following a year
‘More than 4 in 5 cancer survivors suffer from anxiety and a similar number have depression a year after diagnosis.’
"We urgently need new ways of
supporting cancer survivors and addressing wider aspects of well-being. Instead of just focusing on
clinical outcome, doctors must focus equally on quality of life for cancer
patients especially psychologically, financially and socially."
says lead author Shridevi Subramaniam, a research officer at
the National Clinical Research Center, Ministry of Health Malaysia, Kuala
Survey Among Breast Cancer Patients
The most frequently diagnosed cancer among women is breast
. About half of the breast cancer cases and 60% of the deaths occur
in developing countries. The incidence of breast cancer
has increased during last three decades in
It is estimated that one in 19 women in Malaysia is at
lifetime risk, compared to one in 8 in Europe and the United States.
Malaysian patients from the ACTION study (ASEAN Cost in Oncology Study, a third or 33% had breast cancer.
They were asked to complete questionnaires in order to assess
health-related quality of life (HRQoL). Anxiety and depression levels were also
included in the survey.
HRQoL may be defined as a patient's satisfaction with their physical health and mental well-being. It is an important end
result in cancer care.
The results showed that twelve
months post-diagnosis, patients' mental and physical well-being was low.
Survey Among Young Adults
The group of young adults and
adolescents do not expect to develop the disease at a young age. In a separate
on-going study, researchers focused on a group of young adults and adolescents.
The study included 56 patients with an average age of 28 years who were newly diagnosed with cancer.
They completed questionnaires
on occupation and lifestyle, problems around physical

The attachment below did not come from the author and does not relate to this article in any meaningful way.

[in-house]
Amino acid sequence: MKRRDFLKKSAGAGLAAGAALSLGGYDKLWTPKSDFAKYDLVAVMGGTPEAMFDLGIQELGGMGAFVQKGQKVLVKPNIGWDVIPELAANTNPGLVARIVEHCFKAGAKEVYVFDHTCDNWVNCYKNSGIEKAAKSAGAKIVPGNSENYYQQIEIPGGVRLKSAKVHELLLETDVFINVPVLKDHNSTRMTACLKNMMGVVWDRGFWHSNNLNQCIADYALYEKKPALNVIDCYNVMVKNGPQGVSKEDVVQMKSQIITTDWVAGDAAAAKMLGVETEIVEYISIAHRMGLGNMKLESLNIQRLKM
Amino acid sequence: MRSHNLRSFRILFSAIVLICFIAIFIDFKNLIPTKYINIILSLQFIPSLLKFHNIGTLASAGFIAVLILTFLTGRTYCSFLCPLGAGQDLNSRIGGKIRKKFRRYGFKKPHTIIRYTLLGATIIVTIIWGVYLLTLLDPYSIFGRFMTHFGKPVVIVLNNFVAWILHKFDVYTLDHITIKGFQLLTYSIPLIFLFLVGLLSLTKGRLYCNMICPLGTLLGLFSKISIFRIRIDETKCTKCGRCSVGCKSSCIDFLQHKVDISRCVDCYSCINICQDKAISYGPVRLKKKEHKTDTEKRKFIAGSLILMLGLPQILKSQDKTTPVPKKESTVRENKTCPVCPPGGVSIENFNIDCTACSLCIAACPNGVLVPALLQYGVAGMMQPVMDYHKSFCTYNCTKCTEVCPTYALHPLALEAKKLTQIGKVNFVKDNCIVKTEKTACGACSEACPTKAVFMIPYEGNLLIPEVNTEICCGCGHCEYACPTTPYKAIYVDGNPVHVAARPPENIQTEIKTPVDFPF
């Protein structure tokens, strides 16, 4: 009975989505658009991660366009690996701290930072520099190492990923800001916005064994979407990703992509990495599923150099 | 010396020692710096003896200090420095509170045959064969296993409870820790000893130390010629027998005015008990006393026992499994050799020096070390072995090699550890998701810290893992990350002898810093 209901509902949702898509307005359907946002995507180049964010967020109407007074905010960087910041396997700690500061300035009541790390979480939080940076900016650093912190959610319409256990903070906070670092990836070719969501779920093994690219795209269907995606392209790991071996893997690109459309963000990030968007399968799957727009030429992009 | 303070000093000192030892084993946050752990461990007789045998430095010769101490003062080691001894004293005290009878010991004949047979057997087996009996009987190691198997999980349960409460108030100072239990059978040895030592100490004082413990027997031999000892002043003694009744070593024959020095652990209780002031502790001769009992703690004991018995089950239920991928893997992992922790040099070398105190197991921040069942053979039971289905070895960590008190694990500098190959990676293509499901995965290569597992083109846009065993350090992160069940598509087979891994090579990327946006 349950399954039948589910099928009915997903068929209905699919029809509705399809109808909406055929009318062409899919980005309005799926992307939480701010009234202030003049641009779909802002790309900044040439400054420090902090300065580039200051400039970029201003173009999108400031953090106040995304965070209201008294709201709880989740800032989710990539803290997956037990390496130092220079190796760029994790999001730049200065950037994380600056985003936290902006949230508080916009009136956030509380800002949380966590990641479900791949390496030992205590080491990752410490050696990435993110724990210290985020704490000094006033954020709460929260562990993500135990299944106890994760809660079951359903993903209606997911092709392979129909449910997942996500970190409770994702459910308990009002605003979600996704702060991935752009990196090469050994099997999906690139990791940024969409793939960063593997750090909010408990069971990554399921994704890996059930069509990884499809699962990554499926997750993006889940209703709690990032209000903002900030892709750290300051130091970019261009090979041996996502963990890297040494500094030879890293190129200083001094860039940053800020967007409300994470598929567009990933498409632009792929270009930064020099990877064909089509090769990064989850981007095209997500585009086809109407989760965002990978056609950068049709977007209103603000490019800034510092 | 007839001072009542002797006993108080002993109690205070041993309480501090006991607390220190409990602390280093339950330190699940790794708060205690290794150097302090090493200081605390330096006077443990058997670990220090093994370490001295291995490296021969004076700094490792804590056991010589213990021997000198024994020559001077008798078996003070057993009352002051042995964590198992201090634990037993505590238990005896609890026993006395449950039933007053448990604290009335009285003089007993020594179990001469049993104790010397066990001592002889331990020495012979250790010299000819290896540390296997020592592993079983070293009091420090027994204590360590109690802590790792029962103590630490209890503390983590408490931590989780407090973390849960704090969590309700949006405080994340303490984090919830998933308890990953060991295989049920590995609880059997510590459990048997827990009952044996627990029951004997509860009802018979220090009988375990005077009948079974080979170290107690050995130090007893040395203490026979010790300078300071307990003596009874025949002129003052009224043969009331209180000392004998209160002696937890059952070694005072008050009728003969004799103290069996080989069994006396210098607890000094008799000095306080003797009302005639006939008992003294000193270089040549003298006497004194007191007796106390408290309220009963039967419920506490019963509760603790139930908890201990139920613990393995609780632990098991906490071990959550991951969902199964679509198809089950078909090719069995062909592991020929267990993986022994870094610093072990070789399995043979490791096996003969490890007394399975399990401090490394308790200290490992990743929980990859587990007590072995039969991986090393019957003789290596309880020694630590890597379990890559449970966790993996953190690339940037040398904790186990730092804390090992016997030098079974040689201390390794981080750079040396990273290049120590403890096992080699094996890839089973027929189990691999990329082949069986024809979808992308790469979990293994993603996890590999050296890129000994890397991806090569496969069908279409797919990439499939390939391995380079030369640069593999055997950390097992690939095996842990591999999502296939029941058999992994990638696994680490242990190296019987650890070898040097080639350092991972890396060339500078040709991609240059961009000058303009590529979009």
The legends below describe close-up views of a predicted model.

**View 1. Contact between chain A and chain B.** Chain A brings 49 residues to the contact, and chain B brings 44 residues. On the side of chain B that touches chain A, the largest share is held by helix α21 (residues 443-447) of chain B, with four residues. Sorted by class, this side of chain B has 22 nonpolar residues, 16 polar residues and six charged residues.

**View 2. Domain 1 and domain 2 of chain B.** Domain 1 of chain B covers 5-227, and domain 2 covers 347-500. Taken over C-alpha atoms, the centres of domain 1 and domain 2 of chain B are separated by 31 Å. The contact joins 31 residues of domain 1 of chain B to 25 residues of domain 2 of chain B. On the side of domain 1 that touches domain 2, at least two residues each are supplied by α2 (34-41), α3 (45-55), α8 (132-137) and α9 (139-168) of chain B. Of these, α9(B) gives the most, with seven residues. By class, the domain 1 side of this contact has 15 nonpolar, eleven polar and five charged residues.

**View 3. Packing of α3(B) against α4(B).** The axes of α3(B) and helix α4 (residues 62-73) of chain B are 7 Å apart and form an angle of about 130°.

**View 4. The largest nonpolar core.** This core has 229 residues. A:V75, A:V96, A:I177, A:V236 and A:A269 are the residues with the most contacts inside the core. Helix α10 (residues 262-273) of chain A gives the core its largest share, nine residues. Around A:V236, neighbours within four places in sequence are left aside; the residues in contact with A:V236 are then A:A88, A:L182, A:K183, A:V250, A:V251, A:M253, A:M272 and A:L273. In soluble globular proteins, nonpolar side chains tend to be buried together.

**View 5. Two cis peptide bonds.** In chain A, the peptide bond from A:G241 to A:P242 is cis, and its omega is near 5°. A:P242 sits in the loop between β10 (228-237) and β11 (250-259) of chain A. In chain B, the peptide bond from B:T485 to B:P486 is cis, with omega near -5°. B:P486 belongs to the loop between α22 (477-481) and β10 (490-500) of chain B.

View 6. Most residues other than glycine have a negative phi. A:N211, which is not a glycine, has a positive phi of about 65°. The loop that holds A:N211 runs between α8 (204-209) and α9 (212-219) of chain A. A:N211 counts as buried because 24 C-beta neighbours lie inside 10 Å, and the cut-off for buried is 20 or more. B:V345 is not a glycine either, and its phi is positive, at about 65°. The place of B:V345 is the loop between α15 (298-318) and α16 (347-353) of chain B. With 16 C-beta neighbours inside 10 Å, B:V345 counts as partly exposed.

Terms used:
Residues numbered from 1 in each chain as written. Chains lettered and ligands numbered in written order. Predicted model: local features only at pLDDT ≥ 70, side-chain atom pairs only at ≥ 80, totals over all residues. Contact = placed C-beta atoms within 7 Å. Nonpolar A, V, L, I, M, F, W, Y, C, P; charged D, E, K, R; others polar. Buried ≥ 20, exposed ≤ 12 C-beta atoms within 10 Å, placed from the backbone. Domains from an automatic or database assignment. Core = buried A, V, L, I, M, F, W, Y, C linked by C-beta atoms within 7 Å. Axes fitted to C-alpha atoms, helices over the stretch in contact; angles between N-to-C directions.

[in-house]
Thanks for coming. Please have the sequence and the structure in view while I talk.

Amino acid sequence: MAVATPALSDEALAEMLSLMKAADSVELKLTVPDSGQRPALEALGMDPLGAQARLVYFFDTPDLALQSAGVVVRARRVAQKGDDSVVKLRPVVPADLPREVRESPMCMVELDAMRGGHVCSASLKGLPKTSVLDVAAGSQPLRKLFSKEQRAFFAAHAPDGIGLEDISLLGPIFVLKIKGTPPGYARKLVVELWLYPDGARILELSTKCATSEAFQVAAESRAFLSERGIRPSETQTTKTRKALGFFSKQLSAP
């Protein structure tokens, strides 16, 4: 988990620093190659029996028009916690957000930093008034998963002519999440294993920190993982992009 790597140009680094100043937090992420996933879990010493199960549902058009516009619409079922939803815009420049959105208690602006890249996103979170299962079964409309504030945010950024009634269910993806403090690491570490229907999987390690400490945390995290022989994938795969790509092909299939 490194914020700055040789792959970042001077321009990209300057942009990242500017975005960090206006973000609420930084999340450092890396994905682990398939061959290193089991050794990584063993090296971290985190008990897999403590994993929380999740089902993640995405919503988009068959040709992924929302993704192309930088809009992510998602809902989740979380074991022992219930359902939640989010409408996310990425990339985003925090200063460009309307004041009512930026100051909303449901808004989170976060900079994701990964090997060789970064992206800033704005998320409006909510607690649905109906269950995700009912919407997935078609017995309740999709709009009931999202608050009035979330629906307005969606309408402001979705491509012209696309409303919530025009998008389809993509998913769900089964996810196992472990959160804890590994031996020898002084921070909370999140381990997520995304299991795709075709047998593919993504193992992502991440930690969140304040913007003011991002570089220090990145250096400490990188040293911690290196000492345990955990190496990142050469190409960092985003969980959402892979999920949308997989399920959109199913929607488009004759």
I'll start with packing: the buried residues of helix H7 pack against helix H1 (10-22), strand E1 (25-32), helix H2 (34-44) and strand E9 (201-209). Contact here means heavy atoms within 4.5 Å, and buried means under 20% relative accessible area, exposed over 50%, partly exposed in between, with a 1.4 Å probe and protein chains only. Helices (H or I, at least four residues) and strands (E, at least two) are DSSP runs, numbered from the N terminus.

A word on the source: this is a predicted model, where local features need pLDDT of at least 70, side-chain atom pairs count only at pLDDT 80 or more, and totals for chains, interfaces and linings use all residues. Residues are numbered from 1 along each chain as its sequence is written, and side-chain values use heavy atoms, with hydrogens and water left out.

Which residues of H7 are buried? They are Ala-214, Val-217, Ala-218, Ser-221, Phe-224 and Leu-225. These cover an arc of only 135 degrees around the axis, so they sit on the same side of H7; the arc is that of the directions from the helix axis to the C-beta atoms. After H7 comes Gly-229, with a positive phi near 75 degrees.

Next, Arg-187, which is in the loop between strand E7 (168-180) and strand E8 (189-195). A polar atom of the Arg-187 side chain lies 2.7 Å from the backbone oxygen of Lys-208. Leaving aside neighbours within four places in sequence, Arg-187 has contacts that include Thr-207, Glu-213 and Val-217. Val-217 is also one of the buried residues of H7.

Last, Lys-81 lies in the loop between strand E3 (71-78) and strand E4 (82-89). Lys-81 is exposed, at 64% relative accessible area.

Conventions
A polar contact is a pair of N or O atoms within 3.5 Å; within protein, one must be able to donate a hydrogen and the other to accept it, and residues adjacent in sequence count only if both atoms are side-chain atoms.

symptoms, mental well-being and financial issues.
Results showed more than 37% of
patients in this group were suffering distress at diagnosis of
cancer. The top causes for
distress were identified as treatment decisions, followed by
family health issues, sleep and worry.
The young adults diagnosed
with cancer are at a higher
risk of suicide and so conducting studies
like this will help in
finding new ways to address this issue effectively.
Senior author Associate Professor
Alexandre Chan, Department of Pharmacy, National University of Singapore and
Specialist Pharmacist, National Cancer Center, Singapore said, "The young differ from older people because they don't expect to
be ill, and certainly not with cancer. They're also at a stage when they're
facing many social responsibilities and family burdens. That's why they need
effective supportive care and help in managing the physical, psychological and
emotional side-effects that come with both cancer diagnosis and treatment."
Factors that Influence
Health-Related Quality of Life
Stage of cancer-
more advanced the cancer is, the lower the
Type of cancer
with cancer in reproductive organs like cervix of uterus had
higher sense of well-being compared to patients suffering from lymphoma. This
is because of the difference in severity. Cancer of
and cervix tend to spread slowly
over many years in comparison to lymphoma. The more aggressive the cancer is,
the lower the quality of life.
Age at cancer diagnosis - C
ancer also has a significant impact
on the lives and well-being of adolescents and
Factors That May Help
Improve Quality of Life
- Psychotherapy sessions and counseling improve
quality of life in patients.
- Emotional support - It
can help cancer patients manage symptoms better.
the right attitude - It may not be easy to stay positive all the
time. It is advisable to deal with symptoms of depression, anxiety, fear and
grief. Ignoring these symptoms and not sharing feelings with another person may
increase the loneliness among cancer patients.
Ravindran Kanesvaran, assistant
professor, Duke-NUS Medical School, and Consultant Medical Oncologist, National
Cancer Center, Singapore, said "There is a critical need to
find ways of addressing the high levels of distress among cancer survivors in
general as highlighted by the Malaysian study."
"The key message is to focus
more on supporting patients throughout their whole cancer 'journey' especially
in their lives after treatment," added Subramanian.
Researchers feel that the psycho-social impact of cancer clearly needs further evaluation.
This is to assess the impact on quality of life at the time of diagnosis as
well as throughout and after treatment.
Researchers reported their findings
at the European Society for Medical Oncology (ESMO) Asia 2016 Congress in
- Most prevalent unmet supportive care needs and
quality of life of breast cancer patients in a tertiary hospital in
Malaysia - (https://www.ncbi.nlm.nih.gov/pmc/articles/PMC4762172/)
- Attitudes and Cancer - (http://www.cancer.org/treatment/treatmentsandsideeffects/emotionalsideeffects/attitudes-and-cancer)